Mbah a Moute, who suffered the injury in the Rockets’ April 10 win over the Los Angeles Lakers, is officially listed as questionable. He went through his first full practice of the playoffs on Saturday, which he hopes is the final step before being cleared to return.

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Getting rest and staying healthy is a huge part of winning in the NBA playoffs. The Rockets are happy to have some time off prior to the second round. Here’s the Houston Chronicle:

Though the Rockets had played just five games since the previous break in the schedule, they did not mind getting time before the second round while the Thunder and Jazz work their way through their first-round series.

“I think it’s good,” Rockets forward Trevor Ariza said. “It will give us time to rest and give us time to work on things that we didn’t do so well. But the fact that we got it over with, it’s an encouraging thing.”

Full article

The Houston Rockets have signed free agent guard Tim Quarterman for the remainder of the season.

In a related move, the Rockets have released forward Le’Bryan Nash.

Quarterman (6-6, 190) was called-up from the NBA G League’s Agua Caliente Clippers. In 11 games with five starts, he averaged 8.9 points, 5.3 assists, 4.3 rebounds, and 1.5 steals.

As a rookie with Portland last season, Quarterman appeared in 16 games and recorded career-highs of 10 points, 4 rebounds, and 3 assists in the Blazers season finale vs. New Orleans on April 12, 2017. He also averaged 11.2 points, 7.1 assists, 6.3 rebounds, and 1.7 steals in 22 games played while on assignment in the G League.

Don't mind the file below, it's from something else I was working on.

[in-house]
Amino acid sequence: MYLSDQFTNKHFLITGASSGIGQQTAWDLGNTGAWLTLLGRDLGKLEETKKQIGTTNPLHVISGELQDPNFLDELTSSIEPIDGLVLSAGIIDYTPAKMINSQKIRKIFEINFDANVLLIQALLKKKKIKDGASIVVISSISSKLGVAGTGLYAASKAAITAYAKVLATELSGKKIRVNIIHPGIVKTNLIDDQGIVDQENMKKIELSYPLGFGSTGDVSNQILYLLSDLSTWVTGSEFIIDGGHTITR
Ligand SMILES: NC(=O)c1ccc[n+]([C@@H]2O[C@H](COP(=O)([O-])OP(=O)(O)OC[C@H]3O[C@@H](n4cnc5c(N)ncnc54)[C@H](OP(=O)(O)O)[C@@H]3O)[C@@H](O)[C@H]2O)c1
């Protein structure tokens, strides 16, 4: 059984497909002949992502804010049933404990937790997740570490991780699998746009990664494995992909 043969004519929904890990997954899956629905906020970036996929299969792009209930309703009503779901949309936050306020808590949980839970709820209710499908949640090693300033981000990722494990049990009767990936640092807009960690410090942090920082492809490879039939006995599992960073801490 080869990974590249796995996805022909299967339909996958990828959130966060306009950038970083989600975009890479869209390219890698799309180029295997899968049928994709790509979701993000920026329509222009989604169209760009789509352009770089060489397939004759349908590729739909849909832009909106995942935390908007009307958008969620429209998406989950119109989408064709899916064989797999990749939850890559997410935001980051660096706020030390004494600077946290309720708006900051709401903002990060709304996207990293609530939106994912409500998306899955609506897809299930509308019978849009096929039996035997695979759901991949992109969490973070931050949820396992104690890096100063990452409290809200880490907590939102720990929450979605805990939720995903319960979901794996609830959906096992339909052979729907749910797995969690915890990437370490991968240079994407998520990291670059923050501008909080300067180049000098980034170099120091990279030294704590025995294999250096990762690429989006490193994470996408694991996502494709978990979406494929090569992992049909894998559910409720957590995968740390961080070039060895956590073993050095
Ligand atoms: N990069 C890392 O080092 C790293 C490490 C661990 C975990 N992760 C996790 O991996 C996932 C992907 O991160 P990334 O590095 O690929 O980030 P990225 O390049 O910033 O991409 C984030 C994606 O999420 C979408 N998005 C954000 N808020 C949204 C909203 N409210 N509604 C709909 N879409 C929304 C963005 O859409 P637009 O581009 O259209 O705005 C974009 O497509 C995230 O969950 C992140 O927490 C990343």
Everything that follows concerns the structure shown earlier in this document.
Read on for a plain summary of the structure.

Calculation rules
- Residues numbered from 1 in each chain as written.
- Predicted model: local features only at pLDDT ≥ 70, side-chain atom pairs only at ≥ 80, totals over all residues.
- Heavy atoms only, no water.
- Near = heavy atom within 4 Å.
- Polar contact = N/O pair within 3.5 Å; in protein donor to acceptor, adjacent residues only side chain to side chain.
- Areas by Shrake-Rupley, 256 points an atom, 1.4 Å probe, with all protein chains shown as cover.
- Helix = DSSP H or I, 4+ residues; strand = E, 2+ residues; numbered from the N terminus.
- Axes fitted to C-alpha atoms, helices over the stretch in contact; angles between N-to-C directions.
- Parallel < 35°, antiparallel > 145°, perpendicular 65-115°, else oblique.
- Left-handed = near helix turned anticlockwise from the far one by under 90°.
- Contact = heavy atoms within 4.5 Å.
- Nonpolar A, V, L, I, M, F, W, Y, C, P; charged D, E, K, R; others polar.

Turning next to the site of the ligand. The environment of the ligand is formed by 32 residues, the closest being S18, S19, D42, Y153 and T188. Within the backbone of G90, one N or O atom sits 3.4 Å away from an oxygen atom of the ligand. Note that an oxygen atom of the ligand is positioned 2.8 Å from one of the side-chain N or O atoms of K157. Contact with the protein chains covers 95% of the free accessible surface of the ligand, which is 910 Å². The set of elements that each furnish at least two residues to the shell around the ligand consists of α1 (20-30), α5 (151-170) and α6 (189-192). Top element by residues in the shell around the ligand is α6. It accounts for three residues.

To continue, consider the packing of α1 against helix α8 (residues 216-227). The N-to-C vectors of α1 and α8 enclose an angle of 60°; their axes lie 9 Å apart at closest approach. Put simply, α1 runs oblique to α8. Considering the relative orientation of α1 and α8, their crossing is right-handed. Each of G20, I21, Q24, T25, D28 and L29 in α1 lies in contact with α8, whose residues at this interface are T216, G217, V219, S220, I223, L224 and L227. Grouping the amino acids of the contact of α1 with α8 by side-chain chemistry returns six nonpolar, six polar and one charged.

Quarterman will wear #55 for the Rockets.

The Rockets’ game against the Clippers on Thursday began a stretch of games against teams that could be potential first-round matchups with the Rockets facing the Pelicans and Timberwolves Saturday and Sunday. They play the third-place Trail Blazers in Portland to complete the road trip.

Rockets coach Mike D’Antoni, however, said he not only does not experiment in any way with postseason matchups in mind – which was not surprising because he often said teams match up with the Rockets rather than the other way around – but also does not consider regular-season games particularly useful for gathering information.

Houston Chronicle

Houston Rockets General Manager Daryl Morey announced today that the team has signed free agent guard/forward Joe Johnson for the remainder of the season. Johnson will wear #7 for the Rockets.

In a related move, the Rockets have waived Troy Williams.

Johnson (6-7, 240) was originally the 10th overall pick by Boston in the 2001 NBA Draft and is in his 17th NBA season. In 1,253 games with 1,090 starts, Johnson is averaging 16.2 points, 4.0 rebounds, and 4.0 assists. He is one of 12 players in NBA history with at least 1,000 games played to have averaged at least 16.0 ppg, 4.0 rpg and 4.0 apg and one of three (Kobe Bryant and John Havlicek) with over 1,200.

Among active players, Johnson ranks fourth in games played, second in minutes played (43,729; 20th all-time), eighth in scoring (20,266), and sixth in 3-pointers made (1,960; 10th all-time). He has also appeared in 112 playoff games with 97 starts, averaging 16.2 points, 4.4 rebounds and 3.3 assists. Johnson has been to the playoffs in each of the past 10 seasons and advanced to the Conference Semifinals six times over that span.

Johnson appeared in 32 games with three starts for Utah this season. He saw action in 78 games for the Jazz in 2016-17, and averaged 1.4 3-pointers made on 41.1% shooting, marking the second-highest percentage of his career.